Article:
There is never a clear entitlement under the current system without accessing more information than is available to DWP through its databases. But that does not stop us moving on from the Radford report in 2012 and finding a way to provide a solution that works 90% of the time.
Even if such a system gave rise to the occasional payment of a means tested benefit to a person not entitled to it, wouldn’t it be worth considering the feasibility of a 90% solution that saved the DWP its current cost of assessment.
We have only started joining up the information that is available to Government. The pension credit claim system was designed when much of what we take for granted by way of data access, was out of reach. Within five years, what I am writing today will look feeble by comparison of what is then available.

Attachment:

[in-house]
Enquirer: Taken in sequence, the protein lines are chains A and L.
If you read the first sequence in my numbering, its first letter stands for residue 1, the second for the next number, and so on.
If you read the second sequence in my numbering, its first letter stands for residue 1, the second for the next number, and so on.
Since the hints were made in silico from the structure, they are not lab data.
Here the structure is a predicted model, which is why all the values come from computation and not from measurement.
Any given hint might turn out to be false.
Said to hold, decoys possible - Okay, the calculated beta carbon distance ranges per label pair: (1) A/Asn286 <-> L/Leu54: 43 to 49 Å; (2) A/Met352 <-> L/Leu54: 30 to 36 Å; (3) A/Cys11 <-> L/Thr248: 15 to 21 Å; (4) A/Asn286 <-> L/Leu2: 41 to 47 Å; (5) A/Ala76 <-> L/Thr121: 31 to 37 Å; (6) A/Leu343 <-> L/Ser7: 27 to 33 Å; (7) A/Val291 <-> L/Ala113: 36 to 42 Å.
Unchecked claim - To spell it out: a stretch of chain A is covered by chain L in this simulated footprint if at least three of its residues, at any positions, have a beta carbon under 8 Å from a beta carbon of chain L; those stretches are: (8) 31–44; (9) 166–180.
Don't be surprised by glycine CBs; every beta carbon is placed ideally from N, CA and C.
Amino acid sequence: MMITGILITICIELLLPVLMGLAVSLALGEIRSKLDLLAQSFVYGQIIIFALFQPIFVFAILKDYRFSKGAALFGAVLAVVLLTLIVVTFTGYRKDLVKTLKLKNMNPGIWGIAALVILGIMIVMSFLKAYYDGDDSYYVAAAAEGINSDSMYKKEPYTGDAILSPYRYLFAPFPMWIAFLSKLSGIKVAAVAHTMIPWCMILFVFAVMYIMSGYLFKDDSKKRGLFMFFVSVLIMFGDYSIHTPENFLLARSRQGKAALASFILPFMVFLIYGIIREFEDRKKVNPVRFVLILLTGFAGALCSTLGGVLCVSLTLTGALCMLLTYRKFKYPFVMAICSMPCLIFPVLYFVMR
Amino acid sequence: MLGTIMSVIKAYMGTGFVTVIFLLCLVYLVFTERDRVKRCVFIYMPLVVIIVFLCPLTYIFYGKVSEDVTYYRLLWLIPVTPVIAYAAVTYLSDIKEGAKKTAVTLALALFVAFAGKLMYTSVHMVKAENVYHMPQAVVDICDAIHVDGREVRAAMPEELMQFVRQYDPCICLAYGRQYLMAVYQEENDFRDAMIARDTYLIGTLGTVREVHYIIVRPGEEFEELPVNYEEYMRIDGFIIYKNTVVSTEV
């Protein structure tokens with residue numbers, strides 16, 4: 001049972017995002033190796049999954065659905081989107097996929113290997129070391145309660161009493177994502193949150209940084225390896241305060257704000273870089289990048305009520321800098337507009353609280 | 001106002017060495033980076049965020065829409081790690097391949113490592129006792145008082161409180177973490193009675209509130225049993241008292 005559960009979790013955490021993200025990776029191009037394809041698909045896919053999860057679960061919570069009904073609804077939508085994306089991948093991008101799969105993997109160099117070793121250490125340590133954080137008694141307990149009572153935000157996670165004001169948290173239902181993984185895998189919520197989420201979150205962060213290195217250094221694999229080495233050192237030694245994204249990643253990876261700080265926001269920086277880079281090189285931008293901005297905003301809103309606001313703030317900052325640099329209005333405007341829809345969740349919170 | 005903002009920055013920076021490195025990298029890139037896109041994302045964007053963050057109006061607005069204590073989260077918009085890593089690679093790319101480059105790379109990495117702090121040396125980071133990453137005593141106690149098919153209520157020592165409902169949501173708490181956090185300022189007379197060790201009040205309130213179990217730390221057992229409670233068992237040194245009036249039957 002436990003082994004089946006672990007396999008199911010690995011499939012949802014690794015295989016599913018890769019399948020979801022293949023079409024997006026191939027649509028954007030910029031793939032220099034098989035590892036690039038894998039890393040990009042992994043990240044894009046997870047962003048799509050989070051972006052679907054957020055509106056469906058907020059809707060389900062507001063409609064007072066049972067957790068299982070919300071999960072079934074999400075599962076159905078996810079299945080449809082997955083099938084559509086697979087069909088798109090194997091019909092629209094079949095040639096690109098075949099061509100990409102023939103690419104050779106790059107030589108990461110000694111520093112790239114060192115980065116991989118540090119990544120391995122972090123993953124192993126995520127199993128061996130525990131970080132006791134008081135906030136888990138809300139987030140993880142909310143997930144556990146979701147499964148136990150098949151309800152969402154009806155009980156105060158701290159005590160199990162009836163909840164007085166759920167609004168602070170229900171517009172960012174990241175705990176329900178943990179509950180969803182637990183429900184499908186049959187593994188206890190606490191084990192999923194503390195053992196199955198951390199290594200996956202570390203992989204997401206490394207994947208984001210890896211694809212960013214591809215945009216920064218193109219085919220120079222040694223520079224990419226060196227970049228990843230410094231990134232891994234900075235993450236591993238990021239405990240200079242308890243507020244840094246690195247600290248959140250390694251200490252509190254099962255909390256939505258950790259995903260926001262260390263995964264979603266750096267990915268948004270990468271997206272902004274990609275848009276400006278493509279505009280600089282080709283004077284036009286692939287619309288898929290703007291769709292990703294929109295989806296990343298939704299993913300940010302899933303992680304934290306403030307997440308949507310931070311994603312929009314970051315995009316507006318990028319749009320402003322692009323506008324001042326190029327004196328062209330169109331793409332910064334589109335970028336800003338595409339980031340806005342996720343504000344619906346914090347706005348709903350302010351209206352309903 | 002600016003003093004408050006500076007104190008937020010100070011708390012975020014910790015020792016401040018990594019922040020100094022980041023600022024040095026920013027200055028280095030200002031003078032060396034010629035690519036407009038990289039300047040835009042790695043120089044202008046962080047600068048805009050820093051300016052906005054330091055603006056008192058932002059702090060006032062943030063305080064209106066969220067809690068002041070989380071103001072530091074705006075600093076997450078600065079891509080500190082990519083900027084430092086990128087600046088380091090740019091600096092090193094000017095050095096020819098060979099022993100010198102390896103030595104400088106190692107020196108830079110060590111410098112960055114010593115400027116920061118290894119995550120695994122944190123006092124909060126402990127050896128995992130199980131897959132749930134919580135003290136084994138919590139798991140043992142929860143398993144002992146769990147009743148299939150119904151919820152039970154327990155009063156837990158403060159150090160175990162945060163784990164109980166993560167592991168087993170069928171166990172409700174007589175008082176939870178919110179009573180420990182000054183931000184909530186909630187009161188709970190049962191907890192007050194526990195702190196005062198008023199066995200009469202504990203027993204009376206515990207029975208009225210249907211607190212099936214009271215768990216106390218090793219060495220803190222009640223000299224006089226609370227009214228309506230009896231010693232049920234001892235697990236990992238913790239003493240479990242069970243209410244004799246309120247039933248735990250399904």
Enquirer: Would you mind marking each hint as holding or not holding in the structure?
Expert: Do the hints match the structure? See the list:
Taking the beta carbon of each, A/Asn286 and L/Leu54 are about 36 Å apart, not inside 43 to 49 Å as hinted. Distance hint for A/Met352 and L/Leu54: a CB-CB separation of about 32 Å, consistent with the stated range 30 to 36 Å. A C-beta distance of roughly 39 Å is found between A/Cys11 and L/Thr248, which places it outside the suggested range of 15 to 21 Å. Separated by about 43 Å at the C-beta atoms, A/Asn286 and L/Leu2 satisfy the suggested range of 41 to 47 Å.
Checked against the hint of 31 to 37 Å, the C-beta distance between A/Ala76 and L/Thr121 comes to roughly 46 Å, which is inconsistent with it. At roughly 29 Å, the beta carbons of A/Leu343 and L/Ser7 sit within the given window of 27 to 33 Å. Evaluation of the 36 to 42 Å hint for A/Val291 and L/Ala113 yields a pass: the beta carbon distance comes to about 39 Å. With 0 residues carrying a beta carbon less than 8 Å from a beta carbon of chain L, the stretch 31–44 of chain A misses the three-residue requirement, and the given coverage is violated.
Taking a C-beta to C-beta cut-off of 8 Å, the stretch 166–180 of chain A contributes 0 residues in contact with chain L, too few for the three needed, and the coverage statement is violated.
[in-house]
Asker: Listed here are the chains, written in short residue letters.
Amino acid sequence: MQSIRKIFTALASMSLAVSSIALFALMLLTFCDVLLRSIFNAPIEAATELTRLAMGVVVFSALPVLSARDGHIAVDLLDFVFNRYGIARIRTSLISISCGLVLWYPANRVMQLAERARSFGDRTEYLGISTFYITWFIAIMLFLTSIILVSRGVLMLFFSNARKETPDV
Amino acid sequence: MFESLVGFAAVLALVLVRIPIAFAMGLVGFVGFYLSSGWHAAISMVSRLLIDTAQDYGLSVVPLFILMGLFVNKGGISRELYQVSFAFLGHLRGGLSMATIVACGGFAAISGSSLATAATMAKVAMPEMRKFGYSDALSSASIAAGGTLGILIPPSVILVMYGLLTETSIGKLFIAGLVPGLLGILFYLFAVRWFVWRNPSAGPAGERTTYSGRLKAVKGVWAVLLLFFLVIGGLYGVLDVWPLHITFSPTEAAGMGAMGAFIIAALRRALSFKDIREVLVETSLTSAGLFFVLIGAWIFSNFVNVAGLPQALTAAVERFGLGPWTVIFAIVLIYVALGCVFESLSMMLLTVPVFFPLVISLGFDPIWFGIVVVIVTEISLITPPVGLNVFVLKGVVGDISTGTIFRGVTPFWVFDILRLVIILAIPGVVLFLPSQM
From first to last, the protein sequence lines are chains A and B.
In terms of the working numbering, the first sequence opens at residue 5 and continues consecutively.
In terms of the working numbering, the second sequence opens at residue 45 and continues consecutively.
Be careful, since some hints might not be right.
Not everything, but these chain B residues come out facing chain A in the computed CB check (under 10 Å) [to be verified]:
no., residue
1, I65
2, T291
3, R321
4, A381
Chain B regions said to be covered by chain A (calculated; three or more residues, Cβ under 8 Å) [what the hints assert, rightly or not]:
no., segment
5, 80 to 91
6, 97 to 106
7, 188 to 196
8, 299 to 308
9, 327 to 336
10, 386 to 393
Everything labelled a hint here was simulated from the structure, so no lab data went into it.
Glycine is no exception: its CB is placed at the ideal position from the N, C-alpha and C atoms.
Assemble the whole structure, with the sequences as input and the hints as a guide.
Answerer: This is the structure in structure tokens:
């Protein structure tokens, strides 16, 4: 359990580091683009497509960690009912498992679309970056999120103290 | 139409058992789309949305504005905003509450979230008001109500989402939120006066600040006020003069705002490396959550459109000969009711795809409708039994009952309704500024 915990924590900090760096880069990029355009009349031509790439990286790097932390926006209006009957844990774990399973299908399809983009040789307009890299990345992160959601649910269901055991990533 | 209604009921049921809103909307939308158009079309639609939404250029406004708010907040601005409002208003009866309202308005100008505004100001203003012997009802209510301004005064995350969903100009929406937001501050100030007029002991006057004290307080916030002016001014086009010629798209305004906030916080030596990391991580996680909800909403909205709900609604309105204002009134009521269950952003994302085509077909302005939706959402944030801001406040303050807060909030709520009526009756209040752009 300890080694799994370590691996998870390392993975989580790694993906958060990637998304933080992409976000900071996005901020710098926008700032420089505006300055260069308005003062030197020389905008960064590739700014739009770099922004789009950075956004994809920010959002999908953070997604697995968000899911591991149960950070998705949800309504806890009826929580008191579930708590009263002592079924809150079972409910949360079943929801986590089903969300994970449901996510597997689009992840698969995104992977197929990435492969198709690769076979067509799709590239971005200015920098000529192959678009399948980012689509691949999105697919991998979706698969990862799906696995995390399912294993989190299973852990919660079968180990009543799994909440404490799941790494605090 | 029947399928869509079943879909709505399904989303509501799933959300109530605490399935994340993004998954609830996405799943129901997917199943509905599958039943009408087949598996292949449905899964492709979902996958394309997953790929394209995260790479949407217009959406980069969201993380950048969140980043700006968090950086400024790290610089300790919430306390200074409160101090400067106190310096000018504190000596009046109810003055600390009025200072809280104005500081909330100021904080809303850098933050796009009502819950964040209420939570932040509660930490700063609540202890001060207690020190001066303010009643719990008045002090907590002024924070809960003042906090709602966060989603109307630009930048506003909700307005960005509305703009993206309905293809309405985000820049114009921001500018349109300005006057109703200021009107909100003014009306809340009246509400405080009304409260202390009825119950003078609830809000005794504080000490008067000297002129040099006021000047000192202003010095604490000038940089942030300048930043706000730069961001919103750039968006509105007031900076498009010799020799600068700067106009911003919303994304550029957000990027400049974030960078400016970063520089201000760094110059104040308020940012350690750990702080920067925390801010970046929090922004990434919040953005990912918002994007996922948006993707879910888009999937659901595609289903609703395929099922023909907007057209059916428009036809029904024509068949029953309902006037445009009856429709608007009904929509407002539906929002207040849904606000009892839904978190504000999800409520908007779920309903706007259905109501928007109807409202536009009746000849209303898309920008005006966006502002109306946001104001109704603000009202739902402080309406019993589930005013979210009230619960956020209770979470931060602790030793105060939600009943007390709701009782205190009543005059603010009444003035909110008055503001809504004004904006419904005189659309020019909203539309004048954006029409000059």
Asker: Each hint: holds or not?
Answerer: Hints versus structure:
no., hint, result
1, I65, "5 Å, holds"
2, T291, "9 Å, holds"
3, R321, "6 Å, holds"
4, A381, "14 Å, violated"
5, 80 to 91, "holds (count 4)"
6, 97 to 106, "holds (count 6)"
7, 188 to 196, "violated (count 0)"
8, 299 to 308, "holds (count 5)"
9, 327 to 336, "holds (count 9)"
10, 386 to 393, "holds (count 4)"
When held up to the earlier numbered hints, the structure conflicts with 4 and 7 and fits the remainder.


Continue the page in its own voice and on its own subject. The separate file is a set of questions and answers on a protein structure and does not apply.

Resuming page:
We must plan on the assumption that solutions will emerge, not on the basis that participation rates are increasing slowly but that up to 850,000 households missing out is ok. I know that the DWP don’t think this , but I suspect that many people who work in pensions are saying this is someone else’s problem. I don’t think it is.
Is there the will?
My correspondent is clearly well-informed, there are many people who are and who work for Age Concern, Age Partnership, the Citizens Advice Bureau and charitable groups we don’t hear about so much.
While researching this subject since my meeting with the Minister, I have been introduced to the work of the Manchester Ageing Hub which from a standing start has put £3m a year into the back pockets of Mancunian pensioners by increasing pension credit take up.
Where there is a will, there is a way. We just need to find that way. That’s what I’ll be saying to Paul Lewis this morning. Tune into Radio 4 at 12pm today or listen to today’s show on BBC Sounds.
Written Saturday 2nd April 2022.